OREM — Betty Blue Eyes is one of those shows that you have to see to believe, and several times my jaw was hanging open. Before seeing Hale Center Theater’s production, I had never seen three men sing an anthem about pork roast, nor had I ever seen a woman riding a tricycle dressed in pink playing a pig. And I had also never seen a professional musical that was so poorly conceived and structured.
Betty Blue Eyes’s script (written by Ron Cowen and Daniel Lipman) is what Roger Ebert called an “idiot plot,” a story that only moves forward because every character acts like an idiot. In the midst of post-war London, government meat rationing has created an underground black market for high quality meat. Three corrupt government officials have an unlicensed pig that they intend to slaughter for a fancy dinner. However local foot doctor Gilbert Chilvers steals the pig in an effort to exact revenge and also have some better dinners. But Gilbert doesn’t slaughter the pig immediately or fence it. And the pigs’ owners don’t bother tracking down the only other two individuals who know about the pig (one of whom is Gilbert). Furthering the idiot plot motif, every character who says they have seen a pig is flatly disbelieved. It was enough to make me yearn for the smart realism of Crazy for You.
But many musicals have paper thin plots, and a strong score can make the audience forgive a lot of flaws. Unfortunately, the mediocre George Stiles score contains few gems, with “Nobody” and “Lionheart” being the only memorable songs. But the worst aspect of the show is Anthony Drewe’s lyrics, which made me cringe in nearly every song. Some were juvenile (“Pig! No Pig! Pig! No Pig! You think I’ve gone loopy loo. / Pig! No Pig! Pig! No Pig! I know what you’re trying to do”), while others were clunky (“Class distinction has no hope. / Social climbers are thrown a rope”). A few were even downright shocking, with “He must be mad. / I thought Hitler was bad,” being the worst.
Probably most frustrating was that the play could not decide whether it wanted to be a campy, unserious romp or a musical with a social message about classism, corruption, and handling the despair of real life. Director Christopher Clark tried to push the show into the former category, and the silliest moments of the production worked best, including “Pig! No Pig!” and the formal dinner in the second act. But most of the material just was not silly enough to get there. For example, the government meat inspector, Mr. Wormold (played by Bryan Dayley), sang serious lyrics about “Upholding the Law,” but his prancing around the stage painting a side of pork undercut the song.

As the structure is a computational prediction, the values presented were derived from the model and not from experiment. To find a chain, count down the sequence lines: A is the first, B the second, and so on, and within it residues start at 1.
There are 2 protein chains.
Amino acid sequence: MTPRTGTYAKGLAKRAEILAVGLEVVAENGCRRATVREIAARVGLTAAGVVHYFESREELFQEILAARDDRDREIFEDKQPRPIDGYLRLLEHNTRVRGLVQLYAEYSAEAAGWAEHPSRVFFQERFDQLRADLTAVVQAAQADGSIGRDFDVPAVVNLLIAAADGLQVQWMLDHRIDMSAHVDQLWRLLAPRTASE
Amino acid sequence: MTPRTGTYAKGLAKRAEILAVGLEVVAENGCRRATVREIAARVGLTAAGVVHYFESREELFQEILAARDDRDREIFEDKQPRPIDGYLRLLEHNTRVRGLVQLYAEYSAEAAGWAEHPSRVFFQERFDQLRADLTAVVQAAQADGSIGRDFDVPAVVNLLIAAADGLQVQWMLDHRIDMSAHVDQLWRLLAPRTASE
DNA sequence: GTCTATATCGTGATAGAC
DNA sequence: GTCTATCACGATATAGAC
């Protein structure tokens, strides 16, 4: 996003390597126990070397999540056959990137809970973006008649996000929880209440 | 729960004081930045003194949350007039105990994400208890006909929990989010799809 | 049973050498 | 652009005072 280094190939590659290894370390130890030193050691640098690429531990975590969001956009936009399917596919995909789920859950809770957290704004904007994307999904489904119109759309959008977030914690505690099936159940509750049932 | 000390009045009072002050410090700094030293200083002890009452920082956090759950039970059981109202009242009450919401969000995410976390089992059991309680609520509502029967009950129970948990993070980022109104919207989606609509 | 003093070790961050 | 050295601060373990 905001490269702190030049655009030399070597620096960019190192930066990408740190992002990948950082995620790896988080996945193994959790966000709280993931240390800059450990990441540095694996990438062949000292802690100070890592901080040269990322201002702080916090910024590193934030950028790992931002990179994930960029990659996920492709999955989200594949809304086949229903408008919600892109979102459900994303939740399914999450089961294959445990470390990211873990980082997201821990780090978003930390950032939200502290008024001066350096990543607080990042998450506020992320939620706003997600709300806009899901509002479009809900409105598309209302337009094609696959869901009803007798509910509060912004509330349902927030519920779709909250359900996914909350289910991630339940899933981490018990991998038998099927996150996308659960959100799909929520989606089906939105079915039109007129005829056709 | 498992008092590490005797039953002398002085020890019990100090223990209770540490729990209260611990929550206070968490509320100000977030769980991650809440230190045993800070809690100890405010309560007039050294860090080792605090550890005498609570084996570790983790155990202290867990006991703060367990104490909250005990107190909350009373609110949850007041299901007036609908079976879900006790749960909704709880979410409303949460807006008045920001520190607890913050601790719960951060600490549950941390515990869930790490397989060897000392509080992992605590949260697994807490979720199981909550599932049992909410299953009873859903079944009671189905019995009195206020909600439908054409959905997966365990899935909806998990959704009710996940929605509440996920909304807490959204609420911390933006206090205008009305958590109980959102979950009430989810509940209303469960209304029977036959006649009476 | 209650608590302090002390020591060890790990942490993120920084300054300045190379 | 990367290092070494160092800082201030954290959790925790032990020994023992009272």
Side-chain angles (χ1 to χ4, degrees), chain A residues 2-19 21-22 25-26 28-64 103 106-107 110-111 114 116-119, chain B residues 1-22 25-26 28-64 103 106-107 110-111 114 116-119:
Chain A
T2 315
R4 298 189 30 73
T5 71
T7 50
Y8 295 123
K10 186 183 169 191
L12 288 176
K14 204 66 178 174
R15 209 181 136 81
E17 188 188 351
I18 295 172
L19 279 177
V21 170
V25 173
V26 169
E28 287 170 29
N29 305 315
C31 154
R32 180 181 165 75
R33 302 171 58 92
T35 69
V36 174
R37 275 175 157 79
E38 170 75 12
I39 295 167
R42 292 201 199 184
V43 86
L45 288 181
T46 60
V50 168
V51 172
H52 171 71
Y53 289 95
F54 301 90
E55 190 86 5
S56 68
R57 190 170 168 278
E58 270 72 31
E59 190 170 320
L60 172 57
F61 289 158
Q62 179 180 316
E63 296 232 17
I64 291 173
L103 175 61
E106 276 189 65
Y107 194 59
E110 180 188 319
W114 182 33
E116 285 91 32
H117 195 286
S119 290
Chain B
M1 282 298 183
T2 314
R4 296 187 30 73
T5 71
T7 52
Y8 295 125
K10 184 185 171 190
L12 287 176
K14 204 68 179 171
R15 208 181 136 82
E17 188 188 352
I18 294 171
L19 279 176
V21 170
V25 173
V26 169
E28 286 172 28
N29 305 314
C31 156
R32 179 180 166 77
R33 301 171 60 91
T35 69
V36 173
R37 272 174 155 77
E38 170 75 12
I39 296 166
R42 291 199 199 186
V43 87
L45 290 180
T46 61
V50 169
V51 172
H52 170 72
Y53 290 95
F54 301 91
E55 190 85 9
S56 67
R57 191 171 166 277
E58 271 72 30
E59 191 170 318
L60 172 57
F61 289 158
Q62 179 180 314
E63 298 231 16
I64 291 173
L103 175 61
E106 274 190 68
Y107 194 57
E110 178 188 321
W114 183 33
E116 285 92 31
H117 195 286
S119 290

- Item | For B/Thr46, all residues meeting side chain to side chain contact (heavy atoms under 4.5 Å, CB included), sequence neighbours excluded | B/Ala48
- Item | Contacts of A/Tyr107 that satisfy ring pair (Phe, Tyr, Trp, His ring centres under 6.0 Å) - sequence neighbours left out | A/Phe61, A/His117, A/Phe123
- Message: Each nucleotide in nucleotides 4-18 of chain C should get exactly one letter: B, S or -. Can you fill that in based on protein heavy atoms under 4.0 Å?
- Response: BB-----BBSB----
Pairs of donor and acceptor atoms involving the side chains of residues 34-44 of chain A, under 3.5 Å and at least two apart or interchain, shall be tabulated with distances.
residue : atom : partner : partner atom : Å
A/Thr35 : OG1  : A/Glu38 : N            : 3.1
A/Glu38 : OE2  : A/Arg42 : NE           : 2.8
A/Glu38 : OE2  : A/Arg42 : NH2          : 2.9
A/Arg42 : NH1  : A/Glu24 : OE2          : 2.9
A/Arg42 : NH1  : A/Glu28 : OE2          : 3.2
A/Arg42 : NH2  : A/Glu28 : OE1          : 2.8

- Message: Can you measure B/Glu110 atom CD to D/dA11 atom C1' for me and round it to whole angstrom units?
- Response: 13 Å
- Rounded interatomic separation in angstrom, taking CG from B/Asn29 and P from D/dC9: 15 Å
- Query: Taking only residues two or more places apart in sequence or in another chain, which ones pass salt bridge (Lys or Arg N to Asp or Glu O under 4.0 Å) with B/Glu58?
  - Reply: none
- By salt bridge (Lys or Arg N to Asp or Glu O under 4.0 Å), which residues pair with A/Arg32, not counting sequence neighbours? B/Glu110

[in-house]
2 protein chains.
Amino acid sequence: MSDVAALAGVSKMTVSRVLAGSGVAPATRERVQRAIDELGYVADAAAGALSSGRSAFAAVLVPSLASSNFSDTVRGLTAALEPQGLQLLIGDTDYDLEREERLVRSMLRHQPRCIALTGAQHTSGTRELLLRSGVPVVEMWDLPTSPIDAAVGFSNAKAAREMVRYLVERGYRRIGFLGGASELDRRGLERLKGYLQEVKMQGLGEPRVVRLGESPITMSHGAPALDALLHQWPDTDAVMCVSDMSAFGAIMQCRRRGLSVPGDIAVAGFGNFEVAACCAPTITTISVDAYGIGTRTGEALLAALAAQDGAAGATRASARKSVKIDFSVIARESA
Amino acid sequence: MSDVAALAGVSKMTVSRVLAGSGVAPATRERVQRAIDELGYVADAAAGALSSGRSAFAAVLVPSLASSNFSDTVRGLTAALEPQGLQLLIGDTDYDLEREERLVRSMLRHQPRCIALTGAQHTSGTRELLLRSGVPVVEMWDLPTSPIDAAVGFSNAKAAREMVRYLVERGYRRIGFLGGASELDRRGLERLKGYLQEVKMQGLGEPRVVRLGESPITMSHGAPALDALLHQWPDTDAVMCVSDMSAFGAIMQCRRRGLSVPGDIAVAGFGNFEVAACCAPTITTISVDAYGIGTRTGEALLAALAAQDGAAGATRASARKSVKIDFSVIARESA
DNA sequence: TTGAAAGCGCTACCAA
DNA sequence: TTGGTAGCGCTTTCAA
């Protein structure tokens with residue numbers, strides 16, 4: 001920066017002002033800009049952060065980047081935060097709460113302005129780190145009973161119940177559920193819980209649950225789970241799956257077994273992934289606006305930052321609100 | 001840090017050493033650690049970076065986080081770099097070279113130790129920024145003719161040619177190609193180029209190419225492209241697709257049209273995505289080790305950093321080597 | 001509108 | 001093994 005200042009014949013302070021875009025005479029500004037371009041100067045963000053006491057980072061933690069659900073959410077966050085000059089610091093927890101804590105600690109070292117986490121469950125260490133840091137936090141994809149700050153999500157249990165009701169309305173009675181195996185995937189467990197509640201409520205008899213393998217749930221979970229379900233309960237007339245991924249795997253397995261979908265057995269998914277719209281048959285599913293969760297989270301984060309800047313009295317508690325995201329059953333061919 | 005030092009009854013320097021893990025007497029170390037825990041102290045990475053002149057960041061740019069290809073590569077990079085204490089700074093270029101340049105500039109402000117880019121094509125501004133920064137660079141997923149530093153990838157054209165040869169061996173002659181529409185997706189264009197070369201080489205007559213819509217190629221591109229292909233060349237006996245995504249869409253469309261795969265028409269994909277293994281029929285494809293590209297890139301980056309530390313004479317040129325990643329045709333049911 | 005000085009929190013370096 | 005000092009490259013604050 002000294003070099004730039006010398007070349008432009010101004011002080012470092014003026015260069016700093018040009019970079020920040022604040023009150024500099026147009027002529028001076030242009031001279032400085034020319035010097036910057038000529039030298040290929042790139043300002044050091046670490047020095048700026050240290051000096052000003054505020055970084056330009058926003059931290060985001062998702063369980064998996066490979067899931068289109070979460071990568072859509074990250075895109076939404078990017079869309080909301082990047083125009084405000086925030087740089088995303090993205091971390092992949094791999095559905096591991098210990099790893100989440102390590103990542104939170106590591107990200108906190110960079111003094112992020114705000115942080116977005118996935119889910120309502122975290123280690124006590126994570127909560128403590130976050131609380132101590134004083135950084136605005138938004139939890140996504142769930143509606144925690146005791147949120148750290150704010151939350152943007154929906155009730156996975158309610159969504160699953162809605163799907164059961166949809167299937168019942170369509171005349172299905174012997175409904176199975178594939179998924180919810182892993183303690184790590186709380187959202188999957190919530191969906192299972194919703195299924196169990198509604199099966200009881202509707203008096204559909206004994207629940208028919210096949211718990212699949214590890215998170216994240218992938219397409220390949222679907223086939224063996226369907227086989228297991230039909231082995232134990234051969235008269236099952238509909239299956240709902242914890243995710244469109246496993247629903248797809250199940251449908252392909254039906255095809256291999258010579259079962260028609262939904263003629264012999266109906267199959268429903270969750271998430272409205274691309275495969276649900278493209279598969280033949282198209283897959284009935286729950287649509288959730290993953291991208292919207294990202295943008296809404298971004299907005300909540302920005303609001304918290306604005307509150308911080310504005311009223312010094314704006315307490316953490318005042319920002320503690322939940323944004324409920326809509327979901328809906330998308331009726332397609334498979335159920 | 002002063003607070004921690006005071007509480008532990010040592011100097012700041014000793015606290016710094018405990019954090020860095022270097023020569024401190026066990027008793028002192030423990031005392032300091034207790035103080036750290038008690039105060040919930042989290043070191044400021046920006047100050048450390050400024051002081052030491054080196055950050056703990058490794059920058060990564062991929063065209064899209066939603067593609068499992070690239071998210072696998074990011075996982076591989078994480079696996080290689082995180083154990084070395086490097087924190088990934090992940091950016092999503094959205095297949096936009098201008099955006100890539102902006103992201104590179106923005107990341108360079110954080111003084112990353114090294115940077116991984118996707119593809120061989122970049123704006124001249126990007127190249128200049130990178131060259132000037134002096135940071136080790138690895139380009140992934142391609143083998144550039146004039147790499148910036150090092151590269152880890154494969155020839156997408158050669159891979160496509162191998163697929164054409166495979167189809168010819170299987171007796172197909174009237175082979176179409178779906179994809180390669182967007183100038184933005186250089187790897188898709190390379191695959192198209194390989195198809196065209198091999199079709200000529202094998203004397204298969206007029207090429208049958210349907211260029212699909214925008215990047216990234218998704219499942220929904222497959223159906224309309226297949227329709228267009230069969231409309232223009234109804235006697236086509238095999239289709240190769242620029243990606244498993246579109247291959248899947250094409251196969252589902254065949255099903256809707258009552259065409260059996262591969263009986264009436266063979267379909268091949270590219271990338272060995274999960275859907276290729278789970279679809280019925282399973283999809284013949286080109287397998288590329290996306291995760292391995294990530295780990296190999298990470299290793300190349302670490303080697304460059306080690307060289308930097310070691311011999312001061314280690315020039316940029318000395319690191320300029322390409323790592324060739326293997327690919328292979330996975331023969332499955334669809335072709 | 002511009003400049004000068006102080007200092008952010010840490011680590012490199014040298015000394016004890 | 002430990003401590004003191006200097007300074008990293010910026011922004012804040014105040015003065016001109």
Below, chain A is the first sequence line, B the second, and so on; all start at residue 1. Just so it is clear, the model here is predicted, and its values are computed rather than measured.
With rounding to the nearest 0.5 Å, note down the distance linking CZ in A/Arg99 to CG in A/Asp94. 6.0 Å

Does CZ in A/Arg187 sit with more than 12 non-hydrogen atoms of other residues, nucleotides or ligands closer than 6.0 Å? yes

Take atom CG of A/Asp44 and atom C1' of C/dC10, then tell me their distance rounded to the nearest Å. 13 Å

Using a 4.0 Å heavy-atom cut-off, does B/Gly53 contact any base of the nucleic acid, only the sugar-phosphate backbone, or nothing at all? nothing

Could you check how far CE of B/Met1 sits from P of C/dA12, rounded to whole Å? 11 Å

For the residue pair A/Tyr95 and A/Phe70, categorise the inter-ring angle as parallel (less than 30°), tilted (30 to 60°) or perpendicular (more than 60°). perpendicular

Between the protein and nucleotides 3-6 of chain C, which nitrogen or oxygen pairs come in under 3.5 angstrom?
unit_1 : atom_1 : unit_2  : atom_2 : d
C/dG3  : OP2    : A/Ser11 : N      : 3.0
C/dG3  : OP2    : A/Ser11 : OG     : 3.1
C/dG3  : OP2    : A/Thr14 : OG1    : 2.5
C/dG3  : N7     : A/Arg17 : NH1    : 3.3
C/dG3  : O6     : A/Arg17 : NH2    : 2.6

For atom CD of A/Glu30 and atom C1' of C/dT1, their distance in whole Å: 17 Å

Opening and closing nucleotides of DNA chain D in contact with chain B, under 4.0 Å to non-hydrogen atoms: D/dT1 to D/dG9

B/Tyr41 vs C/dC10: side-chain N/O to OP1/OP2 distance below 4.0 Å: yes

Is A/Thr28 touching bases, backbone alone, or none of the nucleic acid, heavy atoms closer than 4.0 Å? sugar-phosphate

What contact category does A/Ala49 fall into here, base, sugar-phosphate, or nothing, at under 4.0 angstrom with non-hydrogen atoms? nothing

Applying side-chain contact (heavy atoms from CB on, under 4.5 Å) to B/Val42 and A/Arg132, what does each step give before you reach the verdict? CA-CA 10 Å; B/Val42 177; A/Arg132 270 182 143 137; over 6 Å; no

Like Clark, the actors were hobbled by the poor material that makes up Betty Blue Eyes. Only Ali Bennett had anything that approached a believable character in Joyce Chilvers, Gilbert’s forceful wife. Bennett made Joyce’s economic and social frustrations realistic, and her rendition of “Nobody” was sweet and endearing in the way it showed the character’s disappointment with her life. In the role of Gilbert, J. Patrick Livingston sang the score well and played his role earnestly, especially in “Place on the Parade” and “The Kind of Man I Am.” However, Gilbert’s motivations for challenging corrupt officials are not as strong as Joyce’s, and he is a much less decisive character. Consequentially, the character is too weak to be a good protagonist, and I never found a good reason to care about Gilbert or his wants.
The rest of the cast tried their best, (Oh, how they tried!) but end up as hapless victims of the show. I greatly pitied Jayne Luke, who played Joyce’s mother, a caricature who greedily steals food and is the brunt of stereotypical jokes about mother-in-laws and old people. Supposedly Joyce’s mother, “. . . used to be such a grand woman,” but Luke never got a chance to demonstrate it. Daniel Hess, Dustin Bolt, and Nate Brogan played the corrupt government officials competently, but their characters were so indistinguishable that the actors could trade lines and it wouldn’t matter much. Costume designer MaryAnn Hill’s decision to dress all three men in grey overcoats did not help in this regard.
Like a can of Spam in the midst of a meat ration, Betty Blue Eyes tries to substitute for an adequate stage musical. Assembled out of play-like remnants and pressed together into the form of a musical, Betty Blue Eyes won’t fool anyone paying attention.